The top-five most popular residential solar panel models were: Yingli YL235P (21,098 units), LG Electronics 255S1C (15,970), SunPower 327NE (12,273), Suntech Power 190S (11,488) and SunPower 230E (9,069).
On the commercial side, there are 60 manufacturers listed, of which only 13 accounted for more than 1% of the total sales volume of 350,360 panels. Here are our results from the commercial side:
Suntech has taken over from SunPower the top spot in the rankings, accounting for nearly 21% of the panels installed and it did it with only 7% of the total projects. In contrast, second place finisher, Yingli, had more than twice as many projects - 14.4% of the total - but its market share was only 16.2%. While this select group were the only manufacturers to crack 1% of sales, the remaining manufacturers captured a whopping 28% of all projects.
The top-five most popular commercial solar panel models were: Yingli 230P (43,064 units), Suntech Power 280-24/Vd and /Vb-1 (65,475 - two variants), SunPower 327NE, Trina Solar 230PA05 (21,590) and Trina Solar 225PA05 (17,950).
Analyzing inverter sales is a bit different since many projects have more than one inverter, and in the case of micro-inverters installations, there is one inverter for each solar panel. For our analysis, we will just look at the number of projects with the manufacturer’s product listed as inverter number one.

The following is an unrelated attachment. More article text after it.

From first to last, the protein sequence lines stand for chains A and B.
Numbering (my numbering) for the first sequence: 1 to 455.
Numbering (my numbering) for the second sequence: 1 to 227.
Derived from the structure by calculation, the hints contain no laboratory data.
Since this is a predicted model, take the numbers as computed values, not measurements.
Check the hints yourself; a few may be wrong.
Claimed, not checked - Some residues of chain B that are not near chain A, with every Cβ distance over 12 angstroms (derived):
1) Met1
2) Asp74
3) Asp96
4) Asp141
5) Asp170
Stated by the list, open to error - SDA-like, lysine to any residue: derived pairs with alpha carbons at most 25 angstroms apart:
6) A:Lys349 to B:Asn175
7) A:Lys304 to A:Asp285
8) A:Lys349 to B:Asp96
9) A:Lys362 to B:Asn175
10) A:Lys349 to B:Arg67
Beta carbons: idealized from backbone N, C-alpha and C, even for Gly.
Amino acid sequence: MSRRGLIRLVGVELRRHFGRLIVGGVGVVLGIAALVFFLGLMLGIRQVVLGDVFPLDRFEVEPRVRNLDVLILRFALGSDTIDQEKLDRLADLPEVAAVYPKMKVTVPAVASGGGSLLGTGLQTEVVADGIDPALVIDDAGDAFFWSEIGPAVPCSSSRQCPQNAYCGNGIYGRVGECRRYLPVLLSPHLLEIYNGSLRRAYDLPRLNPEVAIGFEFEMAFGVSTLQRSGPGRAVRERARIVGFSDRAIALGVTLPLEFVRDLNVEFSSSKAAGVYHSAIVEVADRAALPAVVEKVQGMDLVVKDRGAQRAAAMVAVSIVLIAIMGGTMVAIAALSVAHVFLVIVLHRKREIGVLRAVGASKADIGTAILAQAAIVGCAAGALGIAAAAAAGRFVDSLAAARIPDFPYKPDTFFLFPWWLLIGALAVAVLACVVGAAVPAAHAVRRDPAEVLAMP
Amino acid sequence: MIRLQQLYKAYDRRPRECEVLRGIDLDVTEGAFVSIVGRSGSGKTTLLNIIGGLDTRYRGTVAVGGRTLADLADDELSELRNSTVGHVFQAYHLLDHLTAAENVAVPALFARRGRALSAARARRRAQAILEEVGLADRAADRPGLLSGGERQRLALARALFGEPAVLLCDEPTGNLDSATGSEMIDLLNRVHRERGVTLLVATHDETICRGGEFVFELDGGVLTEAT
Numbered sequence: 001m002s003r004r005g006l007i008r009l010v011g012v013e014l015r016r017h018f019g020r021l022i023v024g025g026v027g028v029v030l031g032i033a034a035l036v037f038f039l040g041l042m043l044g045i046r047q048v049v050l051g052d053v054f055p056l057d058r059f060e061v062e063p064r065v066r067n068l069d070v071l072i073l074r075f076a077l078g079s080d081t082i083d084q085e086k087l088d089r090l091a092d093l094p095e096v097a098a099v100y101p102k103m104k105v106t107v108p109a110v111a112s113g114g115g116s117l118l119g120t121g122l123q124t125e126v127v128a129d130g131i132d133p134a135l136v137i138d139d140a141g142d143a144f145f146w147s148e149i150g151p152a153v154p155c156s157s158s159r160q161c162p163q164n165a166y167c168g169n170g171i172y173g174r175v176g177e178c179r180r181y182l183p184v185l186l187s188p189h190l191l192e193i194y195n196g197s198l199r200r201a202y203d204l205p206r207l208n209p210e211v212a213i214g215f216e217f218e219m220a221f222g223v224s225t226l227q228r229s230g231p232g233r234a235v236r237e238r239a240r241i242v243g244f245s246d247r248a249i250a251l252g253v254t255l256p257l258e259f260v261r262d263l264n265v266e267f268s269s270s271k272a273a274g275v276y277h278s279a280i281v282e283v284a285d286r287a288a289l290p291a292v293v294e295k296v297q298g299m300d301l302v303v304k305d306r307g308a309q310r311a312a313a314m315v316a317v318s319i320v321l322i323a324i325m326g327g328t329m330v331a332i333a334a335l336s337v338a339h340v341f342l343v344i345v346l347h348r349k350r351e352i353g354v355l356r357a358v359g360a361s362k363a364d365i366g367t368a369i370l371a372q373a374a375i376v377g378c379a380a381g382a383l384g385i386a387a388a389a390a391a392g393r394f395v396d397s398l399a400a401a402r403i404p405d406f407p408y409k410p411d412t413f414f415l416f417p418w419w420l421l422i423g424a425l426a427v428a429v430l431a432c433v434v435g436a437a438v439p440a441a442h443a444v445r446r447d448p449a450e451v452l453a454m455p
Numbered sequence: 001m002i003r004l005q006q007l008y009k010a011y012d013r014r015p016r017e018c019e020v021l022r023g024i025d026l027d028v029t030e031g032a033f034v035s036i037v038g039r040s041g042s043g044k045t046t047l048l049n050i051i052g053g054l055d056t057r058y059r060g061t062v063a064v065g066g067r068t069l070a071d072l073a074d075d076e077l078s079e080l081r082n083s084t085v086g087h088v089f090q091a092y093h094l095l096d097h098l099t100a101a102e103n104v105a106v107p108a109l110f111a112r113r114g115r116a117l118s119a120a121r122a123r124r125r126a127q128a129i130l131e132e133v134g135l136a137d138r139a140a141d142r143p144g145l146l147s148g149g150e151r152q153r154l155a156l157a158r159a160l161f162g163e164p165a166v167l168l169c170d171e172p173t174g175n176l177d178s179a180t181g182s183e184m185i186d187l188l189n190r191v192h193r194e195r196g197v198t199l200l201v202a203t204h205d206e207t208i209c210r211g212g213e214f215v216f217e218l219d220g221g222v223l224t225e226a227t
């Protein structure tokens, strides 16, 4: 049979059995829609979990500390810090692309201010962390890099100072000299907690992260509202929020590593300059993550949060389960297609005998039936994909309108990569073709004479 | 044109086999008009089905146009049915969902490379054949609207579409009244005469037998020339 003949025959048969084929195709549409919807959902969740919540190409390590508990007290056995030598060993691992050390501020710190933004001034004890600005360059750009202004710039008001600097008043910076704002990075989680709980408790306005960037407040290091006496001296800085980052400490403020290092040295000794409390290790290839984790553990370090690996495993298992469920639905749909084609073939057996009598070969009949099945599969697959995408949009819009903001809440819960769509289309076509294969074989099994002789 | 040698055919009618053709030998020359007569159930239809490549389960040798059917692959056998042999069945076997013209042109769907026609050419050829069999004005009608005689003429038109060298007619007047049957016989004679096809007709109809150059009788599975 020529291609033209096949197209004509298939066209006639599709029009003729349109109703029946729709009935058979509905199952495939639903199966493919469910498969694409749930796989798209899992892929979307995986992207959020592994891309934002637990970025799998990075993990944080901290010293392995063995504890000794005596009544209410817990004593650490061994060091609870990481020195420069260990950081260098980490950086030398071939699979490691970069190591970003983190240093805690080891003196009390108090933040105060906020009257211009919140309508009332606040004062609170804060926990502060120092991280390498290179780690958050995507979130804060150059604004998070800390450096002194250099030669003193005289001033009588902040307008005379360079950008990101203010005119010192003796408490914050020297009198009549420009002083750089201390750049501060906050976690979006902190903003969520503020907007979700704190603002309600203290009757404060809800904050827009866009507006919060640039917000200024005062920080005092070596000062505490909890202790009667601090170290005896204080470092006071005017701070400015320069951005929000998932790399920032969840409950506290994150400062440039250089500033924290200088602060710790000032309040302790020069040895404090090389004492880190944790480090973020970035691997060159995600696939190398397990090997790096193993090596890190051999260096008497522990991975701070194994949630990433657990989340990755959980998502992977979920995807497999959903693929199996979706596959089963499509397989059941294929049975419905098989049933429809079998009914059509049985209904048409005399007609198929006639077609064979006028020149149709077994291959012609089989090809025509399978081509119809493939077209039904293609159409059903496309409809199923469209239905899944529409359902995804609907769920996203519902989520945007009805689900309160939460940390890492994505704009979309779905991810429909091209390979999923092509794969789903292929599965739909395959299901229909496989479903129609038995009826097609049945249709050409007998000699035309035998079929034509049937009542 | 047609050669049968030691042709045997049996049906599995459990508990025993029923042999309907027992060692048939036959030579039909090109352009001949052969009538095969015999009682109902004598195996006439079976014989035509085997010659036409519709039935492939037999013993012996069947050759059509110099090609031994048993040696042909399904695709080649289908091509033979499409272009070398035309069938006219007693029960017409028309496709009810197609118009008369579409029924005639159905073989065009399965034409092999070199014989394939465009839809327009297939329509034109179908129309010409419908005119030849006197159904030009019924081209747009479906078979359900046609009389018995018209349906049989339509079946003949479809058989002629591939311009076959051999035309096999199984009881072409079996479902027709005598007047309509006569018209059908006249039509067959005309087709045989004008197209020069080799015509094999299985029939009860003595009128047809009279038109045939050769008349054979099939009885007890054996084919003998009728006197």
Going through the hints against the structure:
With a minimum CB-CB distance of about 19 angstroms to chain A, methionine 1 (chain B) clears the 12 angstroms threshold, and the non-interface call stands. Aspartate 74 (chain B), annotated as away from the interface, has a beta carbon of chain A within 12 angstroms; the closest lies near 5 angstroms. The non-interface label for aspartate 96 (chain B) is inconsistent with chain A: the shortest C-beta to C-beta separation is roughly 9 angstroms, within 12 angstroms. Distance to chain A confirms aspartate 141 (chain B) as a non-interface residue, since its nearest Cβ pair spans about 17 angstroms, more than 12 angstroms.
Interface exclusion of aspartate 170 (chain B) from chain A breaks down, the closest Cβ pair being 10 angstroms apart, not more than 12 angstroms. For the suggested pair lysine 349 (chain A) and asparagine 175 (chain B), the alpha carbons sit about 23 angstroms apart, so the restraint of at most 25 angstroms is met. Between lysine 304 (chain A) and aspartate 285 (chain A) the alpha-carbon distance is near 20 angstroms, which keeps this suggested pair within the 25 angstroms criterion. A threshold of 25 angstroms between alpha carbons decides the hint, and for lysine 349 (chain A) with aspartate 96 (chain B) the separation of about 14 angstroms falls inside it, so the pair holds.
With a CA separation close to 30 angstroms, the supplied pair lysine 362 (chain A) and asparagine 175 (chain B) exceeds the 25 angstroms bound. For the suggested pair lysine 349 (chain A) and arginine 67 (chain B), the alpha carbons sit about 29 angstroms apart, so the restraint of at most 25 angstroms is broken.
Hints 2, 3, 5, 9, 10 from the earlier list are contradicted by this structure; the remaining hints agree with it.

The CSI data reveals 24 different inverter manufacturers in the residential space, but only 8 of them cracked the 1% market share threshold. Here are our results for the residential market:
SMA is still the leader, with 31% market share but it is losing ground to our favorite inverter manufacturer, Enphase Energy which now finds itself at 21% of the overall residential market. When just leased systems are considered, Enphase falls to number four with just 12.7%, trailing SMA (32.4%), Power-One (21.7%) and SunPower (16.3%).
Buried amidst the 1% that is “other” are some very well known names that appear to have fallen out of favor, such as: Outback Power Systems and Xantrex, as well as newcomers SolarBridge and Enecsys.
When we shift our focus to the commercial segment the number of players drops to just 13, with only 11 cracking the 1% barrier. Here are those results:
This is a very different graph. SatCon Technology has a clear market lead, despite being dogged by rumors of its imminent demise. SMA is second, but most of that is driven by sales of the same, small-scale string inverters that constitute its products in the residential sector. Enphase weighs in at 3.5%, not a bad number considering that large-scale commercial sales are not its forte (although that may be changing).